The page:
Literary Analysis Of Paul Kelan's Death Fugue By Paul Celan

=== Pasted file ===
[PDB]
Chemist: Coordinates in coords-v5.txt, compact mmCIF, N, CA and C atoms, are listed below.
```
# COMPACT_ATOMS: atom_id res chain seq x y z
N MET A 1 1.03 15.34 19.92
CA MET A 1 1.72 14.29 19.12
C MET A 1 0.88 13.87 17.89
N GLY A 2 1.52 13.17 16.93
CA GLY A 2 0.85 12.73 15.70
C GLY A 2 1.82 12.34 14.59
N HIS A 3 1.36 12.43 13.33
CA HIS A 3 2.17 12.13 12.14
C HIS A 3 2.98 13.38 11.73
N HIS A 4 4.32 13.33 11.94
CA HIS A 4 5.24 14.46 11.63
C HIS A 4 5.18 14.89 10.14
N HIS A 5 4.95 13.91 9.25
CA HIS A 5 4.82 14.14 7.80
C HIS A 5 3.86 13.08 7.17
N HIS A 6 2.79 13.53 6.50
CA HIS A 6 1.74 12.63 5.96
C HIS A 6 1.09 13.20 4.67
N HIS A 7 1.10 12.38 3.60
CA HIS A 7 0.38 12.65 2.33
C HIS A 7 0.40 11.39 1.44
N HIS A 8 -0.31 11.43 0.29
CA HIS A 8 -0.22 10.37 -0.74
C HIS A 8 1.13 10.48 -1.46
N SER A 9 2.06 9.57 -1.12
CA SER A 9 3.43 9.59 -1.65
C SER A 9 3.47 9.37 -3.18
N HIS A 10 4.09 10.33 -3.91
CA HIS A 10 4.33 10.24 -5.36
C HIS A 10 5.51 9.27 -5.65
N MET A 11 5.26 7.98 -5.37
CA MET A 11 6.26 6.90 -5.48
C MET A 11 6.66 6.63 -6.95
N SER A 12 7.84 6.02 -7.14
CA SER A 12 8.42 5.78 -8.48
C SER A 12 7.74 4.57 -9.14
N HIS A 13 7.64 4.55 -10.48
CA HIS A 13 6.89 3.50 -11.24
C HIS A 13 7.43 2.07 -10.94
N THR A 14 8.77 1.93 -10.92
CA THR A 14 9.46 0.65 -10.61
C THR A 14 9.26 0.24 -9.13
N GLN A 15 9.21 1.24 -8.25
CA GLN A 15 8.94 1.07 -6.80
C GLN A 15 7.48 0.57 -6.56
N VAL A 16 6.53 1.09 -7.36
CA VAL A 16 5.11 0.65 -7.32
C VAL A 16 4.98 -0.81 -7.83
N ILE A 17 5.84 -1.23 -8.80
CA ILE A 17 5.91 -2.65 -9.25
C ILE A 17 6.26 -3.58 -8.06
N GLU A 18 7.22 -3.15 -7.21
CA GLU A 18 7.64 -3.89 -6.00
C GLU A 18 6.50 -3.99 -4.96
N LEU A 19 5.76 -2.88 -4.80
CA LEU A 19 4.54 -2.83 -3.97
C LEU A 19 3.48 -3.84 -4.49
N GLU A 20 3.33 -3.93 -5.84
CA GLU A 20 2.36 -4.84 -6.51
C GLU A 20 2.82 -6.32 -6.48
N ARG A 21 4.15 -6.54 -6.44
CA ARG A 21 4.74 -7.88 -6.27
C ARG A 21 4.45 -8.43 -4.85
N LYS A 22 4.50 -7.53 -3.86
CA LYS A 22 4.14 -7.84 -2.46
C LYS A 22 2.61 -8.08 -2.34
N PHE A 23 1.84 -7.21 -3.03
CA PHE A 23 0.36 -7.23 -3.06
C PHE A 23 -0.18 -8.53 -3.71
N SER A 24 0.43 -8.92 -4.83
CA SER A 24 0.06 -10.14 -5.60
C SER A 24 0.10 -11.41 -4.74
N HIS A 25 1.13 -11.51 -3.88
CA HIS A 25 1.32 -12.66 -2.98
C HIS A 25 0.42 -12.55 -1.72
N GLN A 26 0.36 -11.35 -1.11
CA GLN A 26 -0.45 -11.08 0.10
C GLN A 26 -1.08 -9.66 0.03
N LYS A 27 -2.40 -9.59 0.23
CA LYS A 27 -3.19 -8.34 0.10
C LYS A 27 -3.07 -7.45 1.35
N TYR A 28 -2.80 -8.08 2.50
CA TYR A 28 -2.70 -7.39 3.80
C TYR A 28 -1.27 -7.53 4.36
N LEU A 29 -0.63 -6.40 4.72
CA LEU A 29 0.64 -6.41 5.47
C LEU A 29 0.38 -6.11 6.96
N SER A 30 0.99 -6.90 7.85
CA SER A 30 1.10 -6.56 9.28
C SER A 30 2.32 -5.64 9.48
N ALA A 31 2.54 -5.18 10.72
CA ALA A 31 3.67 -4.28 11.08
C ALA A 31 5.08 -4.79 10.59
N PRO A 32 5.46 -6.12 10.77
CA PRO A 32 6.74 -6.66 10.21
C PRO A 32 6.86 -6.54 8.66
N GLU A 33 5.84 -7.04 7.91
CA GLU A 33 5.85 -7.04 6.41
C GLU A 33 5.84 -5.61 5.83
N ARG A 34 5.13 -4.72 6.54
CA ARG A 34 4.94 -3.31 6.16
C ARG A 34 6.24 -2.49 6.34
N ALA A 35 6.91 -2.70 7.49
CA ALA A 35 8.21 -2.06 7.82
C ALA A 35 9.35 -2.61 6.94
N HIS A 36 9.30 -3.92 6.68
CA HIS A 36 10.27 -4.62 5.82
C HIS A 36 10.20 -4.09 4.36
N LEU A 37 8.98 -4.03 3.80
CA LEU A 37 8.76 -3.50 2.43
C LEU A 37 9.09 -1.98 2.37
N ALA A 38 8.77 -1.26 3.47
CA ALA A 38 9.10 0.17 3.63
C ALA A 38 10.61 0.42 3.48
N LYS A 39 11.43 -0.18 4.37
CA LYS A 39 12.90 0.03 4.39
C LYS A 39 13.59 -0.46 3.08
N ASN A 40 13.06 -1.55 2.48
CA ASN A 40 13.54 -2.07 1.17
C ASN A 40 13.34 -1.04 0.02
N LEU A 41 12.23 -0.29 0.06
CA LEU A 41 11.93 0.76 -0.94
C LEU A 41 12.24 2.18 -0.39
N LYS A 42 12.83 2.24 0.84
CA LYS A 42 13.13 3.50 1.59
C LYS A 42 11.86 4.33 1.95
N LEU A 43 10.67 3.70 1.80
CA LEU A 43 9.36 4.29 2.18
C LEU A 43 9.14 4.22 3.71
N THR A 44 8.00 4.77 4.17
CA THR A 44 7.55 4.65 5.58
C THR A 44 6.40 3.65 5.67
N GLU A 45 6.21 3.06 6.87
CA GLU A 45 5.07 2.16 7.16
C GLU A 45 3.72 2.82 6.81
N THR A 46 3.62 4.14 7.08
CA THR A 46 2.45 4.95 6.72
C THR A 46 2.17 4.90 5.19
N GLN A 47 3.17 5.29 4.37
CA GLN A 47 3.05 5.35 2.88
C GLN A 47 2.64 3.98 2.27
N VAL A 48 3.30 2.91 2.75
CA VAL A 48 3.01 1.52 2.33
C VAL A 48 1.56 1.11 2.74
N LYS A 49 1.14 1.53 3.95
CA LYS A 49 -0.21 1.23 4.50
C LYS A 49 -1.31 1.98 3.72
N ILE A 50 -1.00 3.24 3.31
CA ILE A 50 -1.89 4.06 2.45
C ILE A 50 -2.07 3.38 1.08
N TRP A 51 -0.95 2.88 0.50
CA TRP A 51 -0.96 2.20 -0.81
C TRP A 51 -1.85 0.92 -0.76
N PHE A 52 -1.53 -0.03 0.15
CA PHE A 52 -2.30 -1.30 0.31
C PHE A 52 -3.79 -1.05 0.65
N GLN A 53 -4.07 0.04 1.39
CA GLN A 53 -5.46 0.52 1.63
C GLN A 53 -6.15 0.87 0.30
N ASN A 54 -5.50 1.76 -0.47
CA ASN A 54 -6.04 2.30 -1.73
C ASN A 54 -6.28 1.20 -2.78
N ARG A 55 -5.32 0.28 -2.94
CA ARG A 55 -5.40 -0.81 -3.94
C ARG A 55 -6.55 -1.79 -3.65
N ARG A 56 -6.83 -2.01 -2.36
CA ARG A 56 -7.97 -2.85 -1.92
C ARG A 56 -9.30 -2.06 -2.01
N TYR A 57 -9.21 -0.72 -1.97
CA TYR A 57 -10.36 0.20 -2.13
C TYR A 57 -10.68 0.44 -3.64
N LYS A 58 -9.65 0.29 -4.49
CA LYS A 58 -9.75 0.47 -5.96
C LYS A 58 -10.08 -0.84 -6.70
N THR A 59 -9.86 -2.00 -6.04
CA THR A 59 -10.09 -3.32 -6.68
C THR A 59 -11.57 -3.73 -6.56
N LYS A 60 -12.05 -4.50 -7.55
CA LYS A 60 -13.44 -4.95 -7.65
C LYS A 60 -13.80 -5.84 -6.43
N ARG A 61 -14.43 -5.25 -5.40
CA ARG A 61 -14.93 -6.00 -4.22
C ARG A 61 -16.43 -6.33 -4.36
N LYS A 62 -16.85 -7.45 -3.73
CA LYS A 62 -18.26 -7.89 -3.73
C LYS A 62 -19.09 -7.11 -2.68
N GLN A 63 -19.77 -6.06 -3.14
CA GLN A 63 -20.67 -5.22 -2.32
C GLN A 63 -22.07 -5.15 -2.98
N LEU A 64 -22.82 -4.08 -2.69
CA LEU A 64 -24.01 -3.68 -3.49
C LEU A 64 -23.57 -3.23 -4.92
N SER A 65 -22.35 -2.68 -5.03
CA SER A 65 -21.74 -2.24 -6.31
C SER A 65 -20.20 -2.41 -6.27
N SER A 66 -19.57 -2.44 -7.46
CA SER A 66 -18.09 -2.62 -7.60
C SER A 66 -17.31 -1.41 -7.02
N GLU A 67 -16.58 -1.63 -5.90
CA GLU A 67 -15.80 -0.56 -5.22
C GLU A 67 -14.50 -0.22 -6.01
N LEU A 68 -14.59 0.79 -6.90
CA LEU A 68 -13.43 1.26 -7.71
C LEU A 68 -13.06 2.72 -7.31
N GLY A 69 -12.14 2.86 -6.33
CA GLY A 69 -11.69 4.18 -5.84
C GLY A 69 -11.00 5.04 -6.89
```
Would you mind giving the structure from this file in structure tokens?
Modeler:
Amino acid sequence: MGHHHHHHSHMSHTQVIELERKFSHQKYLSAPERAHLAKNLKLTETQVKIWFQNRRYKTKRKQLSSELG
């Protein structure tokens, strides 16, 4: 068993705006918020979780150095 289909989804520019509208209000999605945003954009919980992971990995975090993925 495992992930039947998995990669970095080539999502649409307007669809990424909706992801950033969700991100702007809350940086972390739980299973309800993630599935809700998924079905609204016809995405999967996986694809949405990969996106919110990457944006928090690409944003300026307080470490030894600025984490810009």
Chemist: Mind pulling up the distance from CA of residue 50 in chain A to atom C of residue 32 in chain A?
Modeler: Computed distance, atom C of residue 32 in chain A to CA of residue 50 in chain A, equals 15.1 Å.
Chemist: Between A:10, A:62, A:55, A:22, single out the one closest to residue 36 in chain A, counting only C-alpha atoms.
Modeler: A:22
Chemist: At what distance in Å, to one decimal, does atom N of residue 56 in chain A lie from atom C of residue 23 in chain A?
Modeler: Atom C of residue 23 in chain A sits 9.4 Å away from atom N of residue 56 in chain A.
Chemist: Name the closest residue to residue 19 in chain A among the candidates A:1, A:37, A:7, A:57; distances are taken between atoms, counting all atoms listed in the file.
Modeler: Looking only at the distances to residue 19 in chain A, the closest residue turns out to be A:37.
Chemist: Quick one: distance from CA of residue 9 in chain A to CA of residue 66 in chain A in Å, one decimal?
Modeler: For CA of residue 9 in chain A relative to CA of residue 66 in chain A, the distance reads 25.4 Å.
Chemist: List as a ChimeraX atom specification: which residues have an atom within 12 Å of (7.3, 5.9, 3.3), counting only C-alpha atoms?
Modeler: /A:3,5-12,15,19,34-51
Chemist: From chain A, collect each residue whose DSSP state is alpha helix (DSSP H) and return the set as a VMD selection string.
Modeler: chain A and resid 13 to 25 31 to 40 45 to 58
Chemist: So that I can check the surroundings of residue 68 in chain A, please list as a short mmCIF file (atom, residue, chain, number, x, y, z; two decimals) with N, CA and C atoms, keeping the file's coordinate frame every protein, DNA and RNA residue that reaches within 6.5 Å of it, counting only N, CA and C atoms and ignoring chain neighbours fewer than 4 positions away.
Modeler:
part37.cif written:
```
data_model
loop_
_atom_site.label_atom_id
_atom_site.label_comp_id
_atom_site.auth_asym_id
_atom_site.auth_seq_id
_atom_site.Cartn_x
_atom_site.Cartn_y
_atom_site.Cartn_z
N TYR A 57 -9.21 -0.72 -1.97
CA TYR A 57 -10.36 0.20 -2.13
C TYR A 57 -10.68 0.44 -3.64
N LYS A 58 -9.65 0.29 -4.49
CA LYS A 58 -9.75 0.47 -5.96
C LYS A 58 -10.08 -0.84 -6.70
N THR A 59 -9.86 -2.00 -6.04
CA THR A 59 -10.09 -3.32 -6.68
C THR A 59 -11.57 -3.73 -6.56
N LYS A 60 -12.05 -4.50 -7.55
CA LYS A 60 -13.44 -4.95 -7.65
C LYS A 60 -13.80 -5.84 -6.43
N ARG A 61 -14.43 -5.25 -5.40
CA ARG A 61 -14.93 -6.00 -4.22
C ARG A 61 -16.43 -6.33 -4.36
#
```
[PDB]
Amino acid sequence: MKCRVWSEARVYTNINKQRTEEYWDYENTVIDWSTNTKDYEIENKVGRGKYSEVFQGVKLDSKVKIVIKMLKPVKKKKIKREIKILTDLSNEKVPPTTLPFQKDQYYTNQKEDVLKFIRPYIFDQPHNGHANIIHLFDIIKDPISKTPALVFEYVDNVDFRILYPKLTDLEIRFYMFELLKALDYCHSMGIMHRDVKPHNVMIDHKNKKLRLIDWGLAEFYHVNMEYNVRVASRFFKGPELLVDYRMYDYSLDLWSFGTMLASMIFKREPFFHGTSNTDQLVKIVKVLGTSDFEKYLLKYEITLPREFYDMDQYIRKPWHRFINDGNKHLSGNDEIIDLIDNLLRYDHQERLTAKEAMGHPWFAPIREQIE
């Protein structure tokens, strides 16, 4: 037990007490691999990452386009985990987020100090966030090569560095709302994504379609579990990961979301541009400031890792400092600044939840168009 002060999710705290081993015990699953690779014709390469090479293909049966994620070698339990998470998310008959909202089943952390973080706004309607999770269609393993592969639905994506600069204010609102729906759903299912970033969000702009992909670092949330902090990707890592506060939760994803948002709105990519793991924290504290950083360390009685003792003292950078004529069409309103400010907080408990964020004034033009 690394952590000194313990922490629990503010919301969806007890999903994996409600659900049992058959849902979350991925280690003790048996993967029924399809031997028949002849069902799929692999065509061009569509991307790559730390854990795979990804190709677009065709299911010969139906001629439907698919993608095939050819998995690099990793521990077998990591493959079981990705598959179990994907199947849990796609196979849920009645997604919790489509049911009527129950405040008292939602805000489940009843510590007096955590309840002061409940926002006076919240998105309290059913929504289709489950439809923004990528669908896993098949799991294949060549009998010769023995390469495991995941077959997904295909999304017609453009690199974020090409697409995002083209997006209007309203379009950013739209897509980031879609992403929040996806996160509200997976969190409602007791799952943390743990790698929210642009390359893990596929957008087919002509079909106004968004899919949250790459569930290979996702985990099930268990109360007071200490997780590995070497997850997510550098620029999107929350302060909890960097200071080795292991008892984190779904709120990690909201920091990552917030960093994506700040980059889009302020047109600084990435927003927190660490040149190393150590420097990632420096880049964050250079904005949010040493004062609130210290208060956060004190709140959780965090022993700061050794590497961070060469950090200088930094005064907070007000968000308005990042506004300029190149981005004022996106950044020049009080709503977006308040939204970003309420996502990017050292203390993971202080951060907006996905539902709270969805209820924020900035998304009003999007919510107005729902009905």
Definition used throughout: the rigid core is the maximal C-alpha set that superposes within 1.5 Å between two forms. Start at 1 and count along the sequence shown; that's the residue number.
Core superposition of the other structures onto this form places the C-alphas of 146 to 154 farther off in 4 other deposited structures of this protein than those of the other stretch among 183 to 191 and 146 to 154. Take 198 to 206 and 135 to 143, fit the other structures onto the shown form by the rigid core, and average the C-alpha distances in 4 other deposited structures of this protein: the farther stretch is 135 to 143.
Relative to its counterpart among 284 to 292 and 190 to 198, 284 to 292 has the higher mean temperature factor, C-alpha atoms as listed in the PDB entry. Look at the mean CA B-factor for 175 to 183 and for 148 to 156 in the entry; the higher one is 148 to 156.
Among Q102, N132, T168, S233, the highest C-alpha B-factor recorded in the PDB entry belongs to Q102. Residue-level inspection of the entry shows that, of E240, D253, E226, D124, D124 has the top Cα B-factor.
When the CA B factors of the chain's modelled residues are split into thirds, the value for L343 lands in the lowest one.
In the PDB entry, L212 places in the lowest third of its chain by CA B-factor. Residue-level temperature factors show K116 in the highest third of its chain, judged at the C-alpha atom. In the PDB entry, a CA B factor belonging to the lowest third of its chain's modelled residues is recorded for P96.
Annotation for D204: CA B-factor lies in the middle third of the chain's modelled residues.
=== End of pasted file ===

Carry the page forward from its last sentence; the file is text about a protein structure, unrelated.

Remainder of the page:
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“Death Fugue” a 1948 published poem written by Paul Celan, is one of the most prominent post World War II literary product that contributed to the illustration of the horrific and gruesome experience that the survivors of the Nazi concentration had lived through. By reading the poem, readers can sense the eventual fate and dismay building up in the text, observed in the proliferating disorientated tone in each line which ultimately comes together, creating a complete unified story at the very end. Generally, the discussion of this genocidal reality, marked in whose history is usually extremely extensive however, Celan manages to capture the attention and thoughts of his audience in his four short stanzas of this poem. It is very apparent what cruelty mankind is capable of when dealing with what they deem as inferior beings. In the case, there is a strong separation of identity between the prisoners and guards. The overall sensation of the poem heavily resembles a concentration camp and that maybe Celan’s portrayal of his eighteen-months experience in a labor camp during WWII (Olidort). Additionally, there is a clear difference between the guards and the depicted victims of the poem, with a hierarchy system set in place. In furtherance to reveal these meaning, Celan employs the utilization of symbols, dark imagery, and metonymy language to convey the dread condition and constant trepidation experience which constructs a phantasmagorical picture in our minds. The title of the poem is itself, a symbol. “Death Fugue” or death tango predominately is a fugue, the repeat of musical sounds or a dance though in the poem, it is the repetition of “Black milk of daybreak, we drink it at sundown…drink it and we drink it” (Celan line 1) and “we dig a grave in the breezes there one lies unconfined” (Celan line 4) is something that divulge the physical and mental cycle of suffering or in other words, a slow-working poison. When a repetition of activities is done, we are all very familiar with the feeling of this slow dulling of emotion and senses that occurs. Consequently, it becomes a mechanical process that we live daily, repeating the same routine such as eat, work, sleep. But in the confinement situation described in

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